If this is your first time preparing Thanksgiving, keep it simple: a pan-roasted turkey breast slathered in herb butter, Brussels sprouts roasted with craisins and balsamic vinegar and for dessert, a flaky apple tart made with frozen puff pastry.
For sides, go with packaged stuffing and instant mashed potatoes. Or, if you're feelilng a little more confident, here's how to dish up homemade mashed potatoes: Cook peeled and quartered potatoes in boiling water until tender, drain, place in a bowl with butter, salt and a little warm milk or cream and mash with a potato masher or electric beater until smooth and creamy.
Homemade cranberry sauce is easier still, and can be made a day or two in advance. Simply combine a 12-ounce bag of fresh cranberries with 1 cup of orange juice, 1 cup of sugar and a pinch of cinnamon in a medium saucepan. Cook over medium heat until cranberries start to pop, about 10 minutes, then remove from heat and place sauce in a bowl. It will thicken as it cools.
The goal of this year's Thanksgiving dinner, said Passerello, should not be perfection. "It's not going to be the cover of a magazine."
Settle for the joy of safely gathering for a meal with people who love you and whatever you serve.
LEMON HERB TURKEY BREAST
With fewer people at your Thanksgiving table, a whole turkey might not be necessary. A whole or split breast offers the same great holiday flavor, but it's easier (and faster) to cook — no flipping, basting or fuss. Slathering herbed butter under the skin will help keep it moist. Be sure to allow the turkey to rest for 15-20 minutes to give the juices time to redistribute.
1 bone-in whole or split turkey breast, rinsed and patted dry
3 tablespoons butter, softened
2 garlic cloves, minced
1 teaspoon dried thyme
1 teaspoon dried basil
1/2 teaspoon rubbed sage
1 teaspoon dried rosemary, crumbled
1 lemon, cut in half
Kosher salt and freshly ground black pepper
Preheat oven to 350 degrees.
Place turkey breast in a large roasting pan, on a rack if possible, and pat dry with paper towels inside and out. Loosen skin on the breast with your fingers, being careful not to tear or poke through it.
Place butter in small bowl and add garlic, thyme, basil, sage and rosemary. Squeeze juice from one half lemon and mix together with a fork.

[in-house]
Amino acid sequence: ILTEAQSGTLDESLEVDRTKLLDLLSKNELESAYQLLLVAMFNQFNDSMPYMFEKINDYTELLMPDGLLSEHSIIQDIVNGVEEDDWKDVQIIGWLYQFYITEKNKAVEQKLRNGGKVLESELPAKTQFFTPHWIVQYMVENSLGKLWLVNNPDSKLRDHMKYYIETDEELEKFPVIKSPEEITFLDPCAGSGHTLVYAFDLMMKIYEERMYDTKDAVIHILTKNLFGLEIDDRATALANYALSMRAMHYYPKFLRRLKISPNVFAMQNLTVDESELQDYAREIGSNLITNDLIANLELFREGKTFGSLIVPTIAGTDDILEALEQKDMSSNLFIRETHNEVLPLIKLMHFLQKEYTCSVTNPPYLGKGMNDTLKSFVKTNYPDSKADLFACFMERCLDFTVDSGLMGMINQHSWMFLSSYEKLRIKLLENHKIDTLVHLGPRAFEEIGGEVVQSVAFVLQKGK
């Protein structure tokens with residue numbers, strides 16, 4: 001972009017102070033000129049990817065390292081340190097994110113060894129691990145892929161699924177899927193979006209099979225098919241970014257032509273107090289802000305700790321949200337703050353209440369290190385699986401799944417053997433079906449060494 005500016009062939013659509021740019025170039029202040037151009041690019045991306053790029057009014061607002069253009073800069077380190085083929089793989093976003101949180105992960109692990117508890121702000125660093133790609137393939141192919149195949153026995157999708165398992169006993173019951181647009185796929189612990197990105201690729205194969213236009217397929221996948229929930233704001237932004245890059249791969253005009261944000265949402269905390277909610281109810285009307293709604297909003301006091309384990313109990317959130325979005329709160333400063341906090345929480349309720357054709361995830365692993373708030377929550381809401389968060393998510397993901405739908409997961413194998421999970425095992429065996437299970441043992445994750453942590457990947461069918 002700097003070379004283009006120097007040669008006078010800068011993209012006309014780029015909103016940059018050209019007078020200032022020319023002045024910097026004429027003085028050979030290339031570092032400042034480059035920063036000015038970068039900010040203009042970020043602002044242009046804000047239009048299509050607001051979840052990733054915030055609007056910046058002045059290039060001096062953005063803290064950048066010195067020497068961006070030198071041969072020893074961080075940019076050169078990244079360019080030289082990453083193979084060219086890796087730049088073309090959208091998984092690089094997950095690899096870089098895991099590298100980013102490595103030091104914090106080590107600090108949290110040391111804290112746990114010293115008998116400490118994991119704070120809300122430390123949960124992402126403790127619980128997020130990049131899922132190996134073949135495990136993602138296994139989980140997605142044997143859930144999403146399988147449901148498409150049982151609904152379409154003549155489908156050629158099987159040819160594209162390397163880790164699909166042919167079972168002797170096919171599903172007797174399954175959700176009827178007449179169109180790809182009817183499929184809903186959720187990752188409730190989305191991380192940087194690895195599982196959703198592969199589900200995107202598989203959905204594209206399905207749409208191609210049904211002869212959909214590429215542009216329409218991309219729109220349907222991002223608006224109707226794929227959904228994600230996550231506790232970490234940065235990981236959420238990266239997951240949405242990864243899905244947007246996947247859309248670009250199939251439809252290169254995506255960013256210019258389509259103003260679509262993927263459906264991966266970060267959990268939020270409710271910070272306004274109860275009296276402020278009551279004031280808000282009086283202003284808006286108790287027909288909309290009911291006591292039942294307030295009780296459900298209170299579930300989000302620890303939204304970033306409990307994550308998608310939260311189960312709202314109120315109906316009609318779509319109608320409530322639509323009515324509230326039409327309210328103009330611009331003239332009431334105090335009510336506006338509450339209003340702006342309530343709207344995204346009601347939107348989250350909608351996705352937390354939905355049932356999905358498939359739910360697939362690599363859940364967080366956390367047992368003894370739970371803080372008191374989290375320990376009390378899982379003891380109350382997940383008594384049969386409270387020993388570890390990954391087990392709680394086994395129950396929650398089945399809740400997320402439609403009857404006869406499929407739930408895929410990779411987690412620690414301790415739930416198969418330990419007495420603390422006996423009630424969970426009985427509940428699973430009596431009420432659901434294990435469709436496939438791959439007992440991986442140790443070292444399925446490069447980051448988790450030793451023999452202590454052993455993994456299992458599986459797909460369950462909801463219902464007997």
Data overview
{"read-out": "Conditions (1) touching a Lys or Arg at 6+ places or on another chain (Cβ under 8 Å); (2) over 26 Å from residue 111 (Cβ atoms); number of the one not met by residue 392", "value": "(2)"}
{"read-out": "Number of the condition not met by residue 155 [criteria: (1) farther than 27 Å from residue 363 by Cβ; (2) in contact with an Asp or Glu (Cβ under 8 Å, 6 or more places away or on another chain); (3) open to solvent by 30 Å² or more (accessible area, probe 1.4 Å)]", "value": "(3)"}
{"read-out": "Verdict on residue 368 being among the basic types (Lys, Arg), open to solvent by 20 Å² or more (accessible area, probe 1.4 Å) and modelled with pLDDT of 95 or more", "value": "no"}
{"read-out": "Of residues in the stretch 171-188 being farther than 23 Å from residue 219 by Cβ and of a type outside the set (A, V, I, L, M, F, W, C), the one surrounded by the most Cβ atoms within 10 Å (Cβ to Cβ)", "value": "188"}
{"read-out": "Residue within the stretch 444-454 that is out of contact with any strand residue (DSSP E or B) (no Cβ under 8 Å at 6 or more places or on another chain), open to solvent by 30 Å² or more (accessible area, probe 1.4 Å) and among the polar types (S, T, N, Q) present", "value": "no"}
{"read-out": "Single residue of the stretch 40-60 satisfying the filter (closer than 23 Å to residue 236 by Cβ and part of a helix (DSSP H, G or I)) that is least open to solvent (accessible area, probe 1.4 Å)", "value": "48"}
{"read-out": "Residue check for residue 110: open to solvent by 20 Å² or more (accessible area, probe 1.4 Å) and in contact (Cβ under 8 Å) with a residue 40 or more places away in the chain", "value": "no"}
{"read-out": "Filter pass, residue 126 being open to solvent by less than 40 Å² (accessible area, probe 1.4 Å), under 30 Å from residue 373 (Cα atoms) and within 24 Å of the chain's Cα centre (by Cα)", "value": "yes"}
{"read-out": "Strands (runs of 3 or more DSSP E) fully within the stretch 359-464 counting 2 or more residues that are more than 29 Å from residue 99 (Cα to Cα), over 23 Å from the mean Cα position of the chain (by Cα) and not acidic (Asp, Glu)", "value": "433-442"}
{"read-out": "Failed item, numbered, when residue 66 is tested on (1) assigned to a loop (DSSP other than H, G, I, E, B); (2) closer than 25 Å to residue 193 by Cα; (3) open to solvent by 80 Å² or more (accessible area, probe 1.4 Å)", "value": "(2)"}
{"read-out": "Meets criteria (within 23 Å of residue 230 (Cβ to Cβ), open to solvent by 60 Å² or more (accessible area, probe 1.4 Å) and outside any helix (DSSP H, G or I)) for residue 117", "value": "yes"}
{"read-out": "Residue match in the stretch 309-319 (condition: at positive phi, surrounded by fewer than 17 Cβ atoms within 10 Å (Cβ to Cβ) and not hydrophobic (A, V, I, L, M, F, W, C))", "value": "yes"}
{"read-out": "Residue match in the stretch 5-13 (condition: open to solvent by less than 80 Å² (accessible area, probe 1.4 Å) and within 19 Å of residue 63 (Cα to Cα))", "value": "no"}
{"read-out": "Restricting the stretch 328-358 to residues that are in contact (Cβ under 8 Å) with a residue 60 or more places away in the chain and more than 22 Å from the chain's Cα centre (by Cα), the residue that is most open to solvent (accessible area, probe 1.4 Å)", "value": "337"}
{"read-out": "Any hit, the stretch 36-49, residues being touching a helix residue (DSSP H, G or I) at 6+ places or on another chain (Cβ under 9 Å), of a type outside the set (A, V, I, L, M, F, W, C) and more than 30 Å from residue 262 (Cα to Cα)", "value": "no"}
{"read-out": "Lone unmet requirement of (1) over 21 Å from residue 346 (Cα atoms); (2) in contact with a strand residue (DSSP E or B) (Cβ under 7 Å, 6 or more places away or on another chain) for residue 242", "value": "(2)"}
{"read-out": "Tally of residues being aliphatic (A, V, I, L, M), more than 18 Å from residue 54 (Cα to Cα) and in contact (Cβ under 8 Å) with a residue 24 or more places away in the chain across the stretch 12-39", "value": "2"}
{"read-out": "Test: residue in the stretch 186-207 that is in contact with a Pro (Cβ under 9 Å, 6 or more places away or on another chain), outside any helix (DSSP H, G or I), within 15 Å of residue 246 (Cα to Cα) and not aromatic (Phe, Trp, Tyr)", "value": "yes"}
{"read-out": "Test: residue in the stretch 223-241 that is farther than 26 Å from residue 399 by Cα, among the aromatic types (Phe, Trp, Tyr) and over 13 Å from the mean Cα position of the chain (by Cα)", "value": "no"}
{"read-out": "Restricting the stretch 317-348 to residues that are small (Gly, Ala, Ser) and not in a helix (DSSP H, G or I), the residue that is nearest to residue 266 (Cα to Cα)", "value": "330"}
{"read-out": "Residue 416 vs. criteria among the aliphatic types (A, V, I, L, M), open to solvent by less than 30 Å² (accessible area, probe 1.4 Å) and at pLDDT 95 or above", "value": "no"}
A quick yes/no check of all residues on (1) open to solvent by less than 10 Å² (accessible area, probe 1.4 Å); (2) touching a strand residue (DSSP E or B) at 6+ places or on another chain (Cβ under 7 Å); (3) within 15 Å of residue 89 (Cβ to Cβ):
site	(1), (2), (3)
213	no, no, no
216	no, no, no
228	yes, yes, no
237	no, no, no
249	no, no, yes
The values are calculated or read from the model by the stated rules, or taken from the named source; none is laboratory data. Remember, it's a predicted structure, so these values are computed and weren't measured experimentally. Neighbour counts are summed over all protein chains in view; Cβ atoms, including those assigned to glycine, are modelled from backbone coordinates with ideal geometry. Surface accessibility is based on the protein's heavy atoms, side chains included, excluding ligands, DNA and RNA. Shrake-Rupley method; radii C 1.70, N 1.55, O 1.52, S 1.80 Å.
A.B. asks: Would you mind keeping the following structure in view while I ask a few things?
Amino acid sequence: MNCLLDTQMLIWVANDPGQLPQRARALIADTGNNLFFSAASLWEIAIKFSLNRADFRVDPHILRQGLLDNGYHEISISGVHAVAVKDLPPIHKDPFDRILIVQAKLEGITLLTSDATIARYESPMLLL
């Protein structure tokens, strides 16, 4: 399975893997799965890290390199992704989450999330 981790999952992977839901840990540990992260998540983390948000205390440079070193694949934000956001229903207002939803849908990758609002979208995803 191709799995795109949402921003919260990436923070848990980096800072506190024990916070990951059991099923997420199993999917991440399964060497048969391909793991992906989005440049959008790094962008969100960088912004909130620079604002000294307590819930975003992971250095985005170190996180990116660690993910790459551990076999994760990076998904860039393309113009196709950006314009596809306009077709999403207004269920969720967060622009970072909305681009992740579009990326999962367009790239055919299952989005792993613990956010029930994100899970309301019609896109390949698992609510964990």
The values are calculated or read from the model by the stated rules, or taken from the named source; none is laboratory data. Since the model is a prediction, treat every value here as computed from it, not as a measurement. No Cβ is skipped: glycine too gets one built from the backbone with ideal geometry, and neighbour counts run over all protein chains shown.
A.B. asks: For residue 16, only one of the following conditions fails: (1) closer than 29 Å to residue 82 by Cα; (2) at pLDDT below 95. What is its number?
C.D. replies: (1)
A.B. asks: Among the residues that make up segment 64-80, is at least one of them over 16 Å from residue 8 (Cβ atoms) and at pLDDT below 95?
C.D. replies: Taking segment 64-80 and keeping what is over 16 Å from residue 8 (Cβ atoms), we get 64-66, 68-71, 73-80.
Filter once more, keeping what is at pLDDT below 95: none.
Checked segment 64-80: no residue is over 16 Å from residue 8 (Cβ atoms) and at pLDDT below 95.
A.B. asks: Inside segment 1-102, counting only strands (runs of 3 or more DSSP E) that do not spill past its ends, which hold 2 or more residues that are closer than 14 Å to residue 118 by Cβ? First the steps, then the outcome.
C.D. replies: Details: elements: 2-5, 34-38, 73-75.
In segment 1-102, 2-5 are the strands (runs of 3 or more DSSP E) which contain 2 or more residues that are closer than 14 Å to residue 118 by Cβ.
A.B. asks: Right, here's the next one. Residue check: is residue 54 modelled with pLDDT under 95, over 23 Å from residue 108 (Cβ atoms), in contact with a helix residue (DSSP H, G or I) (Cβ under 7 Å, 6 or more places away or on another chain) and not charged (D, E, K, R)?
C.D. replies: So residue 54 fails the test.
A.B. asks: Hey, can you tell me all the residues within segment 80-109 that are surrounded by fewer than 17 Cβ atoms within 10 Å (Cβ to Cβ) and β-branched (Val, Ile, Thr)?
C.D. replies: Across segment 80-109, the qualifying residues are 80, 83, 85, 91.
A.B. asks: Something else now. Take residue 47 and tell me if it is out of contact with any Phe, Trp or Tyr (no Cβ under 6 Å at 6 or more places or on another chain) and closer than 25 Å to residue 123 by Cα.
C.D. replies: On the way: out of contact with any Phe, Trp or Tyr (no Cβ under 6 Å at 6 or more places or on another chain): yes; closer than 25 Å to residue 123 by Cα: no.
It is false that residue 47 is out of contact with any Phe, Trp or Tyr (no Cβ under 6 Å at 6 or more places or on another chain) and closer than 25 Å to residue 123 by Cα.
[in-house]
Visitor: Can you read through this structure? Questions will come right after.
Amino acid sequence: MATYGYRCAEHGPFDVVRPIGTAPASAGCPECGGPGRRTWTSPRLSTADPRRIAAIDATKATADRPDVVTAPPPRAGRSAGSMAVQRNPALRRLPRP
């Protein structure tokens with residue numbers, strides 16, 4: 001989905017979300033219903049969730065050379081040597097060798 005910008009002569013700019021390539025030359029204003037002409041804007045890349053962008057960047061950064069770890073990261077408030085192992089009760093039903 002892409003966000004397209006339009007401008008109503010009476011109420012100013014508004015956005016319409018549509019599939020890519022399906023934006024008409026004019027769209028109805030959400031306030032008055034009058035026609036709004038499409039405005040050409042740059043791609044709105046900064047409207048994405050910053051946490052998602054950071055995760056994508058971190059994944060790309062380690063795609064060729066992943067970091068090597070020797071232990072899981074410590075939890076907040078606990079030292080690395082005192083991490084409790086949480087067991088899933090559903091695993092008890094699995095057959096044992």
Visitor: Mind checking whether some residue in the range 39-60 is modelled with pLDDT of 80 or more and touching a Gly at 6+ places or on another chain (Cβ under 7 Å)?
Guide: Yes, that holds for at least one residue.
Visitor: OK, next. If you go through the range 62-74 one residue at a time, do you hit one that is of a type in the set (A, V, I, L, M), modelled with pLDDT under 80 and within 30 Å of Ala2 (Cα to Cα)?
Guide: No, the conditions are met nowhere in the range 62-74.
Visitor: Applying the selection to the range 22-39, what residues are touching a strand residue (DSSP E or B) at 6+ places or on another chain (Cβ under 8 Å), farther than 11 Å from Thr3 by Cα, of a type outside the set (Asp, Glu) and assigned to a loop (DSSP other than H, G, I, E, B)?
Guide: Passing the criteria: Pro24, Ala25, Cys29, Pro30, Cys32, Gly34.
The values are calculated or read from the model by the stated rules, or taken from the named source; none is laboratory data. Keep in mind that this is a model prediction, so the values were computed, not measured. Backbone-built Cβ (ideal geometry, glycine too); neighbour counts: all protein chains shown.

Using your fingers, rub half of the butter mixture under the turkey skin. Don't worry if it clumps — it will melt as it cooks. Rub remaining butter over the top and sides of the breast, squeeze juice from other half of lemon on top and then sprinkle lightly with kosher salt and freshly ground black pepper.
Roast for 1 hour to 1 hour 30 minutes, depending on size (15 minutes per pound), or until the meat registers 165 degrees in the thickest part of the breast (without touching bone). Loosely tent with foil, and let turkey rest for 10 minutes before carving.
Serves 4, with a some leftovers.
— Gretchen McKay
ROASTED BRUSSELS SPROUTS WITH CRAISINS
Brussels sprouts are a classic side dish at Thanksgiving. When you roast them with a little oil and salt, they end up crispy on the outside and tender on the inside. This recipe brings bacon and Craisins to the mix, with a drizzle of balsamic vinegar and honey as a finishing touch.
1 1/2 pounds Brussels sprouts, trimmed and cut in half through the core
4 slices bacon, cut into a small dice
1/4 cup good olive oil
1/3 cup Craisins or golden raisins
Kosher salt and freshly ground black pepper
1 tablespoon balsamic vinegar
1 teaspoon honey or maple syrup
Preheat oven to 425 degrees. Place Brussels sprouts on a sheet pan, including some of the loose leaves (they will crisp as they cook).
Add bacon, olive oil and Craisins, then season liberally with salt and pepper. Toss veggies with your hands to make sure they're coated in oil, then spread out in a single layer.
Roast Brussels sprouts for 20 to 30 minutes, until tender and golden and bacon is crispy. Drizzle balsamic vinegar and honey over the roasted sprouts, and toss to coat evenly with a spoon or tongs. Taste and adjust seasoning, if necessary, then serve.
— Gretchen McKay
EASY APPLE TART
Using puff pastry for the crust means it comes together quick and easy, with just a rolling pin, paring knife and cookie sheet. If you don't like fig jam, substitute peach or apricot or simply brush the apples with honey. I also sprinkled a little sanding sugar on top for a bit of glitz.
1 sheet frozen puff pastry (from a standard 17.3-ounce package), thawed
All-purpose flour, for dusting work surface
3 or 4 tart apples, such as Granny Smith or Empire
1/4 cup sugar
2 tablespoons brown sugar
1 large egg yolk, beaten with 1 teaspoon water, for egg wash
2 tablespoons unsalted butter
2 tablespoons fig jam
Vanilla ice cream, for serving
Preheat oven to 375 degrees.
Open pastry sheet and remove paper. Fold sheet back up. On a lightly floured work surface, roll out pastry sheet (still folded) to an 8-by-14-inch rectangle. Don't worry if it's not perfect, as it's supposed to be rustic. If you like, trim the edges with a sharp knife, bench scraper or pizza cutter. Transfer to a baking sheet and place in freezer while you prepare apples.
Peel, core, and slice apples 1/4-inch thick. Toss in a large bowl with sugars.
Brush pastry with egg wash, being careful to avoid the edges. Pile apples in the middle, leaving about a 1-inch border of crust. Dot apples with butter.
Bake until pastry is golden and apples are tender, 30 to 35 minutes.
Combine jelly or jam with 1 tablespoon water in a small bowl, and microwave until melted. Brush apples with glaze.
The tart can be served warm or at room temperature, with a scoop of ice cream.
— Gretchen McKay
(c)2020 Pittsburgh Post-Gazette